Fort Meade was built near Bear Butte in 1878 to keep law and order on the frontier. The army protected the citizenry from themselves, and also from the now irate Sioux, who resented encroachment onto lands that had been part of the Great Sioux Reservation ceded to them in 1868.
Cattle empires were created on the prairies surrounding the Black Hills during this period and lasted until the early part of the 1900s. The Fremont, Elkhorn and Missouri Valley Railroad first reached Rapid City in 1886, with shipping points for cattle along the way. The Chicago and Northwestern Railroad arrived in Rapid City from the east in 1907, bringing carloads of homesteaders who shortly afterward began fencing off range-lands. The days of South Dakota’s cattle kingdoms were soon over.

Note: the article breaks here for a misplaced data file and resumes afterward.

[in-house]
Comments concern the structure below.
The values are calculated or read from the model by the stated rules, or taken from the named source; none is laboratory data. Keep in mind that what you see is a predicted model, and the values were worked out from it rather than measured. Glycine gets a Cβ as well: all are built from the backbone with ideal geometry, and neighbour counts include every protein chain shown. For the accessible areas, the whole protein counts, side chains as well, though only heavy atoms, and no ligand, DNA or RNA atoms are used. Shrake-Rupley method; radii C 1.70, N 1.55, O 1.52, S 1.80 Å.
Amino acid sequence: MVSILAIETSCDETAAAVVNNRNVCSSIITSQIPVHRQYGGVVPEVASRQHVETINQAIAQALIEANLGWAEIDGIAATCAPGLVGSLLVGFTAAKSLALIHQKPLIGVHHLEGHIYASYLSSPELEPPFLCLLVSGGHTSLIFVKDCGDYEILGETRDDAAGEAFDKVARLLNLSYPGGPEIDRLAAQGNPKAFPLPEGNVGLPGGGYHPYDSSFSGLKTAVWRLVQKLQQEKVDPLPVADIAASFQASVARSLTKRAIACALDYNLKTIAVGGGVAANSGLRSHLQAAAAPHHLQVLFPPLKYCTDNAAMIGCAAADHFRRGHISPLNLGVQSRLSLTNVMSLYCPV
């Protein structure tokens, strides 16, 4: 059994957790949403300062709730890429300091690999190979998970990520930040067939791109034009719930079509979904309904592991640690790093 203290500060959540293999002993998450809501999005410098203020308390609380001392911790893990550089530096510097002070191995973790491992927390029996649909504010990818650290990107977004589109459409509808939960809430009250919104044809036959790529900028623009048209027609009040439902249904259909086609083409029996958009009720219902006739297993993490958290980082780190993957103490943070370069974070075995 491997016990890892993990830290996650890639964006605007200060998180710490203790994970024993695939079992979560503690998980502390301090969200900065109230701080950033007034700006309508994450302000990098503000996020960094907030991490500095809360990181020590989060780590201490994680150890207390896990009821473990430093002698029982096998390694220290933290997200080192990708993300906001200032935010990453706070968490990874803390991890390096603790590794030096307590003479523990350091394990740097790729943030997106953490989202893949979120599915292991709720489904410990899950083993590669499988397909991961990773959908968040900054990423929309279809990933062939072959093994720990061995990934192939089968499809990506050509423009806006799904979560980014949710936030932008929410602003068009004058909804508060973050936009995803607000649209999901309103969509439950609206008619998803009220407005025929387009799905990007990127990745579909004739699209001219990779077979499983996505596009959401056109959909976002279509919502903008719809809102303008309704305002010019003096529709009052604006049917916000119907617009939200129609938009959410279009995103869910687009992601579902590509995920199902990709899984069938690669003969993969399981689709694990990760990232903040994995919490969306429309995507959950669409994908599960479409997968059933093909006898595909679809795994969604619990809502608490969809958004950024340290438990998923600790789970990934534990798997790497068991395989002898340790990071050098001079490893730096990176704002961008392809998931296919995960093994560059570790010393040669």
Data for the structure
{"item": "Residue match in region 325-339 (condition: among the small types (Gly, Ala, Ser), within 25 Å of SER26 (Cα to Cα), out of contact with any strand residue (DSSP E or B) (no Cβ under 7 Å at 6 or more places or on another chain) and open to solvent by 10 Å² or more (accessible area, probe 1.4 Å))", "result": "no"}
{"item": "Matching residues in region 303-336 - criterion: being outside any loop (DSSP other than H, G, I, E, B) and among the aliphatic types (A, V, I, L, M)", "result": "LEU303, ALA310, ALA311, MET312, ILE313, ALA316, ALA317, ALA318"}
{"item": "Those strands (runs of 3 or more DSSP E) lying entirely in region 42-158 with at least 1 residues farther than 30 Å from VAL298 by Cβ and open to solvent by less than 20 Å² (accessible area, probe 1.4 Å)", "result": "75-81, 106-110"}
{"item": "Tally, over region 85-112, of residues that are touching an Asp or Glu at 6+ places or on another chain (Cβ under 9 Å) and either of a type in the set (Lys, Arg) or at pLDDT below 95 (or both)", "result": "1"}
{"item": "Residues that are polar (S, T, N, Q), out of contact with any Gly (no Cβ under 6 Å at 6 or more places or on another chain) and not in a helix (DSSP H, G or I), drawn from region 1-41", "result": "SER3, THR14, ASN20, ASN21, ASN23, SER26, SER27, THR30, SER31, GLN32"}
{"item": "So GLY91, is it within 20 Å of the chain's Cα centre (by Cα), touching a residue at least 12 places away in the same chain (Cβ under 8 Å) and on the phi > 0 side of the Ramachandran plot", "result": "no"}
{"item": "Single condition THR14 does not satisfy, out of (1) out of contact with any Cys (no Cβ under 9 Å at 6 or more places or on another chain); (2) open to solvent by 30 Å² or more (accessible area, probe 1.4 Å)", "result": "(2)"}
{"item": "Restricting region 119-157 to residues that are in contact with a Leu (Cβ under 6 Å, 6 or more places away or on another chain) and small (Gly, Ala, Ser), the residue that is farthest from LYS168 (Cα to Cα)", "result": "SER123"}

Be a part of this genuine Western experience while you straddle a specially-rigged antique saddle at the corral. Pretend you are riding the range with a roundup crew or hunting rustlers with a sheriff’s posse. Learn more about the legends of the Old West when you travel through The Journey Museum & Learning Center.
By the mid-1800s, numerous cultural refinements and social gatherings were commonplace in Rapid City and throughout the Hills. Though a new American lifestyle was emerging, European and other influences remained noticeably visible.